The question is not one of production (Do we produce enough for all?) but of distribution (Who has access to what is being produced?). "Between 1950 and 1980 total world food production doubled and, at the present time, 'globally there is enough food for all'. The fact that people continue to starve despite this shows that 'inequitable access is the main problem'" (World Hunger, Vatican, p.30). We are told by our own leaders that we need a "population policy", apparently accepting the one-sided message coming from the developed countries unquestioningly.

We would like to ask: Have the people in our country ever been asked whether they want a "population policy"? How do people feel about it in the light of their culture and spiritual outlook? "Embarking upon costly social and economic policies, without taking into account the perception of reality by the most humble members of society, can eventually lead to extremely costly dead-ends for the whole world" (World Hunger, Vatican, 1996, p. 38). Do we need a "population policy" by which we understand a campaign to sharply reduce the number of births, considering that the fertility rate is already falling, the mortality rate is going up due to AIDS and there is a possibility that the population may stop growing anyway?

Rebuild the family and beat poverty we propose, instead of a population policy, a family policy, i.e. a campaign to restore family life, considering that the family is the heart of our culture, "the basic unit of society" and the "domestic church".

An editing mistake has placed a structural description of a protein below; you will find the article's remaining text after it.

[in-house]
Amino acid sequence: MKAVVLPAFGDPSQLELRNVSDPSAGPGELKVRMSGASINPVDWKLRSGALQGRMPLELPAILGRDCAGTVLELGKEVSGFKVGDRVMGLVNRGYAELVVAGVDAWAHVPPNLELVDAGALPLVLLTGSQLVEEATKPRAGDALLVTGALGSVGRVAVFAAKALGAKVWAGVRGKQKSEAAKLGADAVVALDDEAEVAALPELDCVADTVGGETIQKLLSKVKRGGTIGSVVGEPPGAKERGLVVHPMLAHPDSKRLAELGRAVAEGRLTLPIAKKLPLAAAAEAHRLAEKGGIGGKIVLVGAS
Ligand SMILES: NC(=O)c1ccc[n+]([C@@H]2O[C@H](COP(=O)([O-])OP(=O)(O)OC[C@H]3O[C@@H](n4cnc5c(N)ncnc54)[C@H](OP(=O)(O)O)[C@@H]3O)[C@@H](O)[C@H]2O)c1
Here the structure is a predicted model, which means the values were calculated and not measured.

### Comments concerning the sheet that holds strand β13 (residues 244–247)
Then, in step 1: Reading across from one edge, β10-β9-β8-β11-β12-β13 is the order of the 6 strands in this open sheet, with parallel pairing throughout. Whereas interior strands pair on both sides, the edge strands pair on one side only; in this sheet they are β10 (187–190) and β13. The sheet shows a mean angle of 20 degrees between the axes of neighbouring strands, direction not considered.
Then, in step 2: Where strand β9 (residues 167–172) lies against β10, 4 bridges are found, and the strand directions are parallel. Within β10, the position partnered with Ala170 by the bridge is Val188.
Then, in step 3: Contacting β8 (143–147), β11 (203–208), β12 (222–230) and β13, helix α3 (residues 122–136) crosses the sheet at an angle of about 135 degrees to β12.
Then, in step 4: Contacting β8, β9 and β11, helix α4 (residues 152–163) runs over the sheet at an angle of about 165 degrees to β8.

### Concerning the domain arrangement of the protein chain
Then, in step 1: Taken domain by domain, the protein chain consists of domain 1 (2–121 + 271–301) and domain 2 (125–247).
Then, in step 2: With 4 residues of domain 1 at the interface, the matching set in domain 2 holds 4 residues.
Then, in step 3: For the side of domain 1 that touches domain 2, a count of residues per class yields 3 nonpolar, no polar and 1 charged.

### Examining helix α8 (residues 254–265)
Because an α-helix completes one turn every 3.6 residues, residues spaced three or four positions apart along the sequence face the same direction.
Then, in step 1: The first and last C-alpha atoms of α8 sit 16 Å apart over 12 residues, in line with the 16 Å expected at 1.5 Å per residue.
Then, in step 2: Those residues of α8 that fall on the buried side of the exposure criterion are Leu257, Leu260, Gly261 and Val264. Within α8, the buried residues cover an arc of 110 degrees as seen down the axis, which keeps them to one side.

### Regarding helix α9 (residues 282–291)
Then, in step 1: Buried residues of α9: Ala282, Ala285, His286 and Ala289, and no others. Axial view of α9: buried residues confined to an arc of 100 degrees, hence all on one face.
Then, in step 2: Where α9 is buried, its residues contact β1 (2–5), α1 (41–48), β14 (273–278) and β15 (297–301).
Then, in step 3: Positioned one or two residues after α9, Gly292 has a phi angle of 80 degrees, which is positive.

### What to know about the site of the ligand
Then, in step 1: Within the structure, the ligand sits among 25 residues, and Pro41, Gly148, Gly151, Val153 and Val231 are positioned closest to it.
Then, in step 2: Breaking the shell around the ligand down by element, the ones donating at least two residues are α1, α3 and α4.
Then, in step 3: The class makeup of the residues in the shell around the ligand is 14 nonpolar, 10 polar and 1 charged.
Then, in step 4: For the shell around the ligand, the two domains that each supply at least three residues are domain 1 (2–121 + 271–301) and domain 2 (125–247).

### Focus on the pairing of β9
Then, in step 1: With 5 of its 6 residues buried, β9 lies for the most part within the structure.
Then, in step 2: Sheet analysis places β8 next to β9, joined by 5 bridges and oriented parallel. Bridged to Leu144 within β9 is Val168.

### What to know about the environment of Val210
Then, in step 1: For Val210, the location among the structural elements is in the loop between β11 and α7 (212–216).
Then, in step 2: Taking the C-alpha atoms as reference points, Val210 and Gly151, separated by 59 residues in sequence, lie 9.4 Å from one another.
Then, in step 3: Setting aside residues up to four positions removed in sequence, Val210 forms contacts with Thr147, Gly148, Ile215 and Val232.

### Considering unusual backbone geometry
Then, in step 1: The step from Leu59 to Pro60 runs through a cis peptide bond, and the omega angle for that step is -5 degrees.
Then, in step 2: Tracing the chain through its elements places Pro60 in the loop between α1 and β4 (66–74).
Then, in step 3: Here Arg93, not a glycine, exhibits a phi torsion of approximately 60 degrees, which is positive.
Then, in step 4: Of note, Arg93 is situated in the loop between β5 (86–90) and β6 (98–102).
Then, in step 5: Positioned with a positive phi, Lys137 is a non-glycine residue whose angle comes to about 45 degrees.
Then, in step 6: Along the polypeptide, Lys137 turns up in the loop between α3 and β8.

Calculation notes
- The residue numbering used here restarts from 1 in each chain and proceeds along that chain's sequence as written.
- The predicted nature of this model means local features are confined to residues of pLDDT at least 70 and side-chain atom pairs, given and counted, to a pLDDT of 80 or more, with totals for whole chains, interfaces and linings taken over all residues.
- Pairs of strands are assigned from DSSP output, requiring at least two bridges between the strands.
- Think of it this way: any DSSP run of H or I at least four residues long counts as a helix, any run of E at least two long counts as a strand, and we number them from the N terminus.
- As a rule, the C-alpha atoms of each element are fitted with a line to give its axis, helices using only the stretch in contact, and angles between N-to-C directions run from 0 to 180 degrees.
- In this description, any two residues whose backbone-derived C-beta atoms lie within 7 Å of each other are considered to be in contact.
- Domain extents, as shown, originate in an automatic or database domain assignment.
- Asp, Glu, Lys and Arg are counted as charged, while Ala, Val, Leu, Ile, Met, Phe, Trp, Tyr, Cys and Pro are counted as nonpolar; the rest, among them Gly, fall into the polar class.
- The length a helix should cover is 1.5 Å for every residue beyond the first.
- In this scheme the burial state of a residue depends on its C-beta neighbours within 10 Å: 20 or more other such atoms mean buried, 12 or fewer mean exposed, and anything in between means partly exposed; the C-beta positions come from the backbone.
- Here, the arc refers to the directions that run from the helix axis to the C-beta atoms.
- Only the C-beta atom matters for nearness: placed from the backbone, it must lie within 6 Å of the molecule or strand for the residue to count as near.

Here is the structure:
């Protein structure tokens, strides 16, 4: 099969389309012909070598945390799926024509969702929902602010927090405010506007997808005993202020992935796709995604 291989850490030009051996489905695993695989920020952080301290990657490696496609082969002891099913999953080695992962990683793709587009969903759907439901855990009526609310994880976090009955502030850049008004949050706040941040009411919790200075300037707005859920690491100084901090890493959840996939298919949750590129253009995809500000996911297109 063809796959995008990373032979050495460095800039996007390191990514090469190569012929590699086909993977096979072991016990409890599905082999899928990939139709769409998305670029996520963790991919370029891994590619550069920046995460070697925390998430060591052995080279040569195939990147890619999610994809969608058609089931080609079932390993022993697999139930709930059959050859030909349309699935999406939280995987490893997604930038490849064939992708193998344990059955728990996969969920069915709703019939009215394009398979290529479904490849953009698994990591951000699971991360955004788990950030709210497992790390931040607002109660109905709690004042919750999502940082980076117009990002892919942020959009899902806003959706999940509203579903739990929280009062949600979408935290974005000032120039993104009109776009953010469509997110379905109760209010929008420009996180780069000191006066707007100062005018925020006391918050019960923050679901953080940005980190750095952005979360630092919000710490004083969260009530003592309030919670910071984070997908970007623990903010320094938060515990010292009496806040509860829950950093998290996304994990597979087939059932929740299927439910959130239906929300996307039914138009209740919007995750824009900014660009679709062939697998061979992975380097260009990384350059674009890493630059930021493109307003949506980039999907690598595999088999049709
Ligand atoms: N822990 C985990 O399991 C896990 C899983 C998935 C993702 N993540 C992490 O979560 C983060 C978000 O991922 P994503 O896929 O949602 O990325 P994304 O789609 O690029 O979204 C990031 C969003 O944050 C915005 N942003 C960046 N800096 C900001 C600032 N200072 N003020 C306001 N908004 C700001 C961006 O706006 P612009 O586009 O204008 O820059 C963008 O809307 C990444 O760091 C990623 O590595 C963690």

These are [some of] the basic elements of our family policy:

1) "Not international bureaucrats, nor agents of aid organizations, nor politicians or governments decide on family size, but parents," we said in 1994. We need responsible parenthood within the family, not population control imposed from outside. Responsible parenthood goes together with natural family planning (NFP). We ask government and non-governmental organizations to make NFP available to the general public. It is free of side-effects and woman-friendly.

2) "Human life must be respected from the moment of conception until the moment of natural death" (Pope John Paul II). Young people must be taught respect for human life in the family and in school. The "unspeakable crime" of abortion (The Gospel of Life, John Paul II) must never be considered as a means of family or population planning.

3) We need to create a new culture of mutual respect between men and women. We need to create a new culture of self-discipline which abhors sexual abuse and honors abstinence before marriage and faithfulness within marriage. The purpose of the Creator's gift of sexuality is to be an expression of faithful and committed love and to procreate new life....

--Excerpts from the Zimbabwe (Africa) Catholic Bishops' Conference, April 1997

Natural Family Planning Involves Respect for Nature
...Using the natural methods requires and strengthens the harmony of the married couple, it helps and confirms the rediscovery of the marvelous gift of parenthood, it involves respect for nature and demands the responsibility of the individuals. According to many authoritative opinions, they also foster more completely that human ecology which is the harmony between the demands of nature and personal behavior.